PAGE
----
How difficult to cut barrel and reattach sight?
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Thread: How difficult to cut barrel and reattach sight?

  1. #1
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    How difficult to cut barrel and reattach sight?

    I have been looking for a ejectorless barrel in .41 LC for a Model 1877 but all I seem to find are ejector barrels. I am making a non-matching serial number shooter and dont want to put a great deal of money into the barrel.

    I thought about buying a ejector barrel and cutting it down so the lug is removed, but didn't know how difficult it would be to reattach the front sight. How is the front sight attached to a older colt?

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    I believe they are soldered into a milled slot on the barrel. Milling the slot in the right place would be the problem.

  3. #3
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    Colt used a machined, tight fitted slot on the barrel, and I think, a brazing compound. This may have been silver braze (solder) or something like a brass braze.

    These are NOT the typical silver "bearing" soft solders commonly sold that contains about 3% silver.
    These are soft solders that melt at under 450 degrees and use the slight silver content to strengthen and prevent tarnishing.
    Most real silver "solder" melts at above 1100 degrees.

    Soft soldering or even silver brazing a blade sight to a barrel without the tightly fitting slot will not retain a front sight for long.

    When silver brazing you also need to be careful of scale forming inside the bore. There are compounds sold to apply inside to prevent scaling.

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    Quote Originally Posted by dfariswheel View Post
    When silver brazing you also need to be careful of scale forming inside the bore. There are compounds sold to apply inside to prevent scaling.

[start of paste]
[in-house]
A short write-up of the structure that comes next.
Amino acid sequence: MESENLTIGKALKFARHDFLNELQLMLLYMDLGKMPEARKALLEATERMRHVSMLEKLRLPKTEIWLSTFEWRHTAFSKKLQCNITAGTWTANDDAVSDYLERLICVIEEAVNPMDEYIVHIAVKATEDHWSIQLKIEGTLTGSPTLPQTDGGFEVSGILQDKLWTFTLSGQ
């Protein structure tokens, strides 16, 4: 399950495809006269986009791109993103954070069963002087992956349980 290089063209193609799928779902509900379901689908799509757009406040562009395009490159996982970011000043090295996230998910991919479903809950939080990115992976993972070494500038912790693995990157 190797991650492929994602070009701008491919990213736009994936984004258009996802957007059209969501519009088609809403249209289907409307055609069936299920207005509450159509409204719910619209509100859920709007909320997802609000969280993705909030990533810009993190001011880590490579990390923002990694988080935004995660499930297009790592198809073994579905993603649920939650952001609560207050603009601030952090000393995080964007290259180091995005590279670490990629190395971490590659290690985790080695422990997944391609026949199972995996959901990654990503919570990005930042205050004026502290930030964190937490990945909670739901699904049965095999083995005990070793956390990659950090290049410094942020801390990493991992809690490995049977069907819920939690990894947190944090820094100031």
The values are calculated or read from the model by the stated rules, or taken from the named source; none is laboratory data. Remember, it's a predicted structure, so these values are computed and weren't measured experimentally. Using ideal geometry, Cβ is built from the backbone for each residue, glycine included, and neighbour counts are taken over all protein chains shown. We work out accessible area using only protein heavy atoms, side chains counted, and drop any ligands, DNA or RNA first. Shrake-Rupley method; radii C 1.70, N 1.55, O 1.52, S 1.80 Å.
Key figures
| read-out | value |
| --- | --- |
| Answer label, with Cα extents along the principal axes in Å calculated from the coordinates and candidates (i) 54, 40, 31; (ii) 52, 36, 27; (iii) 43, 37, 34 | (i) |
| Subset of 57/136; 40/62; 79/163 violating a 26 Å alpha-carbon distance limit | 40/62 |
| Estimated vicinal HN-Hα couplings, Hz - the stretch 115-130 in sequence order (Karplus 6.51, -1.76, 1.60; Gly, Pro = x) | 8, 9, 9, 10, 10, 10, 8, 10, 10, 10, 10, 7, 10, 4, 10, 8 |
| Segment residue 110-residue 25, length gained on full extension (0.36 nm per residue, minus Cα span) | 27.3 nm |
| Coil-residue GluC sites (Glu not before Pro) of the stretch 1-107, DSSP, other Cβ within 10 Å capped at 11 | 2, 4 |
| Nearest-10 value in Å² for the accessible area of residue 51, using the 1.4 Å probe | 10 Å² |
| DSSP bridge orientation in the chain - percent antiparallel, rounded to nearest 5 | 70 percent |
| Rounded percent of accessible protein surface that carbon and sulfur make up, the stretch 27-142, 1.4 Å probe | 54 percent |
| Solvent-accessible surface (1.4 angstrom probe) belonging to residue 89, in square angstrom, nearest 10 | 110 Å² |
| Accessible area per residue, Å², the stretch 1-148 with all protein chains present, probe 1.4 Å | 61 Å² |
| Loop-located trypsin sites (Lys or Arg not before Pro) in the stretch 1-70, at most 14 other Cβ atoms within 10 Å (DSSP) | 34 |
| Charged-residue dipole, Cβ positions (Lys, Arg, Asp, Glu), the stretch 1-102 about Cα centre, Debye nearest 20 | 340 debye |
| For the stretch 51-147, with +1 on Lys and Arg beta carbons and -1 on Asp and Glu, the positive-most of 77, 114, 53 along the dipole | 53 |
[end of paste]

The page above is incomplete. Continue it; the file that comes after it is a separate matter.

I just bought a Standard Mfg single action that had that "scaling" inside the bore, just under the front sight.
    I thought it was lead build up, but reading your post I think it was scale.

    It cleaned out with some vigorous brushing.
    saintclair likes this.

  6. #5
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    I have cut down several 1877 barrels for a couple guys. what i did was start a slot hole with drill about same dia or thickness of front sight base. you dont need to go so deep. after you cut the barrel off , heat the stub around the sight with torch till red hot and it will come out with a pliers while rock it side to side.
    now measure the base for drill bit to use. just go in about the depth you have in the cut off stub. then its end mill time in bridge port or some bench top mill /drill. cut the slot to length of base with a end mill that is a bit under the thickness of sight base to go in. make another pass or two with .001 or 002 cut on each side till sight fits the slot. then mix up JB weld epoxy and fill in slot. push in front sight and then put some pressure down with spindle of mill on top of sight and lock it there. Clean up excess JB around sight base, then let it set for 24 hrs. it should hold up fine . you just have to get the index set in vice with a some angle alm or soft radius jaws to hold the barrel. let the frame hang out past vice. tall vice works nice with like 4-5 inch wide jaws. lay a small bubble level across top strap, and the barrel for square to rear sight notch. I know this is not always an at home shop tool job. But it is a way to install front without solder. some small machine shop should be able to do it on a vertical mill. its not a lot of cutting. small mill/drill will do. nice to have locks on axis that work and minimal slop. I have done SAAs this way too. really can hardly tell its a cut down after clean up and radius end of barrel with round and concave stones in drill. cold blue end. No one has come back with "hey, it flew out" ..not yet anyway. some of these i have done at least 10 yrs ago. JB is good stuff. not quick set, the standard stuff is much better. just an option vs silver solder and heat.
    dfariswheel likes this.

  7. #6
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    Nice alternative method.


 

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